Archive for September, 2010

Story Behind the Photo: Tulips

Tulips at the Queen Wilhelmina Tulip Garden at Golden Gate Park, San Francisco, CA

These beautiful tulips were photographed on spring day at the Queen Wilhelmina Tulip Garden at Golden Gate Park in San Francisco, CA. Named after the Dutch Queen Wilhelmina, hundreds of tulips can be found in bloom during the spring. The garden sits at the northwest corner of Golden Gate Park at the base of the Dutch Windmill, built in 1903. The windmill once operated to pump groundwater throughout the park for irrigation now serves as a focal point of the tulip garden. The Dutch Bulb Grower’s Association donates hundreds of tulip bulbs each year in honor of Queen Wilhelmina. Click here to buy a print and view the entire collection


Story Behind the Photo: Sanderlings

Sanderlings at Sand Key Park, Clearwater, FL

Easily recognizable as they run out with each retreating wave to feed, Sanderlings often are seen in large groups and are the most common shorebird in Florida.  Sanderlings are usually seen in their gray winter plumage from August through April as shown in this photo taken on an October day at Sand Key Park in Clearwater, FL. The most wide-spread wintering shore bird in the world, Sanderlings breed in the summer months in the Arctic tundra. It is not uncommon for non-breeding birds to stay in their warmer winter locales in the summer months. Click here to buy a print and view the entire collection


Story Behind the Photo: Genesee River

Genesee River, Letchworth State Park, Castile, NY.

About 35 miles southwest of Rochester, NY you’ll find Letchworth State Park. Billed as the “Grand Canyon of the East” the Genesee River travels through the gorge over three large waterfalls offering spectacular views. The rock walls are as high as 550 feet in some areas with a width of only 400 feet near the middle falls, thus earning the name the “Grand Canyon of the East.” The park is named after William Pryor Letchworth who gave a 1000 acre estate to the state of New York in 1906 that now comprises the heart of the park .The park now covers over 14,000 acres offering views like this on the 66 miles of hiking trails. Click here to buy a print and view the entire collection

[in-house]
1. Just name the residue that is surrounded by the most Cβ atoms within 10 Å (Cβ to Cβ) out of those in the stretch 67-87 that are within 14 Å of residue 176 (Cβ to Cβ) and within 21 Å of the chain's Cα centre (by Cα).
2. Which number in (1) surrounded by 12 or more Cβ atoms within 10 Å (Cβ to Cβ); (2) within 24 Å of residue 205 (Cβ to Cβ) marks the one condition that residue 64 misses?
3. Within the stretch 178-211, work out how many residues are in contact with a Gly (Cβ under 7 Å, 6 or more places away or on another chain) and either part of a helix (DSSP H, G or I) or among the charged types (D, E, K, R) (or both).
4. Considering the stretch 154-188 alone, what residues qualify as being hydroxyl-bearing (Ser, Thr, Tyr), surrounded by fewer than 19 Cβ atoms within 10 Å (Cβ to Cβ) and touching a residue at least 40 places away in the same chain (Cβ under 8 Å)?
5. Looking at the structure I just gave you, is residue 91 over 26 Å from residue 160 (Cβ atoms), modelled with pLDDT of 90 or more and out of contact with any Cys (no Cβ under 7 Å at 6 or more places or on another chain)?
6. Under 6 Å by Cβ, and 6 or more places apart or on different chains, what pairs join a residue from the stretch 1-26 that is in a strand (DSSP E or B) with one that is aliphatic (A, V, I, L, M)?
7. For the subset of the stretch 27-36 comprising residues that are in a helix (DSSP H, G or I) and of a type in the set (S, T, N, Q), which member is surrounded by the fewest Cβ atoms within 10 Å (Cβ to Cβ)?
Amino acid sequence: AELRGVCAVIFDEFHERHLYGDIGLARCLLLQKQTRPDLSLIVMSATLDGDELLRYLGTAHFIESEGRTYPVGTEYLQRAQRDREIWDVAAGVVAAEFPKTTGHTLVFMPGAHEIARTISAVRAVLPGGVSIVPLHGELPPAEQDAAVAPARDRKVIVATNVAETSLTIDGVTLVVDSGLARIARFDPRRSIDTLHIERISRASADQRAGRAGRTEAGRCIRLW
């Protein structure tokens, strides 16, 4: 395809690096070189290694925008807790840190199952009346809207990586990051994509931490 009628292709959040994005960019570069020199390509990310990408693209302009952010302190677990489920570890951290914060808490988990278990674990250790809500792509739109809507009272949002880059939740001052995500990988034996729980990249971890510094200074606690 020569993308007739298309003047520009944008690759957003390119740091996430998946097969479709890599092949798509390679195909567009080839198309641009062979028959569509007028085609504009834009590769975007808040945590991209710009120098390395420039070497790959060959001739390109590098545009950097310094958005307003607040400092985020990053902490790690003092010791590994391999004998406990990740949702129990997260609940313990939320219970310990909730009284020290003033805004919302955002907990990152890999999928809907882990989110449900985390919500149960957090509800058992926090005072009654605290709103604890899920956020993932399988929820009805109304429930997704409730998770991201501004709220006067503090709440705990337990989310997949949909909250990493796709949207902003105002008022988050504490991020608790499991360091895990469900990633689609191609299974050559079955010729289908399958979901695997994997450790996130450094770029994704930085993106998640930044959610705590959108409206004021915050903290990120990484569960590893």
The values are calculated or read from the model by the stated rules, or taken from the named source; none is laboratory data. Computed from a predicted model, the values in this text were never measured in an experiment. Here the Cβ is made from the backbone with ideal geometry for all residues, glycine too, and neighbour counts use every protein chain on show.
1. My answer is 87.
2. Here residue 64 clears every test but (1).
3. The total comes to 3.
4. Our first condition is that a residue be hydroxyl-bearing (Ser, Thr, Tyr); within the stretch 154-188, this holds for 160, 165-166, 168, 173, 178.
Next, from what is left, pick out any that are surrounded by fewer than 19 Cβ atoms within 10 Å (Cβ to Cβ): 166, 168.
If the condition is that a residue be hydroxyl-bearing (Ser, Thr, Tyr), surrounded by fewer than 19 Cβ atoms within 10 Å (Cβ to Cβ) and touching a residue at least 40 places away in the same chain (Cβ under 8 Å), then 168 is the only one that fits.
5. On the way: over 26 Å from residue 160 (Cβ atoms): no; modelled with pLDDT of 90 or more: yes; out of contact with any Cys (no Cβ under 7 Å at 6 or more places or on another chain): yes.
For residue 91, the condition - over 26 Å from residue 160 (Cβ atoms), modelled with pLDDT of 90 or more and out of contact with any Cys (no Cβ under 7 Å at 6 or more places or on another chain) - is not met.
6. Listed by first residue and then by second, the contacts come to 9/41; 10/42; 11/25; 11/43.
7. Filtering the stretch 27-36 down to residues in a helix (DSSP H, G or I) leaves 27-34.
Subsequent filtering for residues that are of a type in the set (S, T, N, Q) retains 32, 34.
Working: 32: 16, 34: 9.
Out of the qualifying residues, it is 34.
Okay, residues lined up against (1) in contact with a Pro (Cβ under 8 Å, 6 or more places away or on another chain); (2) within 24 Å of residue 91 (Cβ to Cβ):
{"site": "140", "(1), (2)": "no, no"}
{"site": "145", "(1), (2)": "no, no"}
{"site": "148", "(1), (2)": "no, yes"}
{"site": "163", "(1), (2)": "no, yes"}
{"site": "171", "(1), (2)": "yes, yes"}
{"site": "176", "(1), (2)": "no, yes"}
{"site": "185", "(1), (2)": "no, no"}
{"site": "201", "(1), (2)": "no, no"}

Story Behind the Photo: Zebra

Zebra

Zebras are synonymous with Africa. This is a Grévy’s Zebra, the largest of the three species of zebra, and is found wild in Kenya and Ethiopia. As compared to other types of zebras, the Grévy’s Zebra is taller, has longer ears and has narrower stripes. This species was named after the French president Jules Grévy, who was given one of the zebras as a gift in the 1880’s. While I wish this photo had been taken on an exotic safari, it was in fact taken in Tampa, FL. On this afternoon, I was able to catch this zebra having a little fun trying to scratch an itch. Click here to buy a print and view the entire collection


Story Behind the Photo: 30 Rockefeller Plaza

Rockefeller Center in New York, NY

One of the biggest tourist attractions in Manhattan is Rockefeller Center. At its center is the GE Building at 30 Rockefeller Plaza, easily one of the most famous and easily recognizable office buildings in the country. Opened in 1933, the 70-floor, 872-foot sky scraper is home to the “Top of the Rock” Observation Deck that allows a unique 360 degree panoramic view of the city. One of the largest and most well known tenants of “30 Rock” is NBC which houses their main headquarters, many of thier New York studios and the live operations for NBC News and MSNBC there. Click here to buy a print and view the entire collection


Story Behind the Photo: Coconut Palm

Coconut Palm in Marathon, FL

Nothing says ‘tropical’ quite like a coconut palm tree. Intolerant of cold weather, coconut palms thrive in sandy soil and have a high tolerance for the salt water and sea spray they are normally near.  They love abundant direct sunlight, regular rainfall and finally, humidity. With such specific growing conditions, it’s no wonder coconut palms are only found the in the tropics. Coconut palms are found in south Florida along the coast, and throughout the Keys. This palm was photographed in the Florida Keys in Marathon. Click here to buy a print and view the entire collection


Story Behind the Photo: Great Blue Heron

Great Blue Heron at Florida Botanical Gardens, Largo, FL

At approximately four feet tall, the Great Blue Heron is the largest North American Heron with a wing span of up to six feet. One of the most common herons, the Great Blue Heron is often seen in shallow water stalking fish. They are found near fresh or salt water, with fish serving as their main diet, but will also eat small frogs, reptiles and insects. Great Blue Herons are monogamous opting to nest in trees near the water in colonies of up to 100 birds. This Heron was photographed at the Florida Botanical Gardens in Largo, FL, from a bridge over the McKay Creek. Click here to buy a print and view the entire collection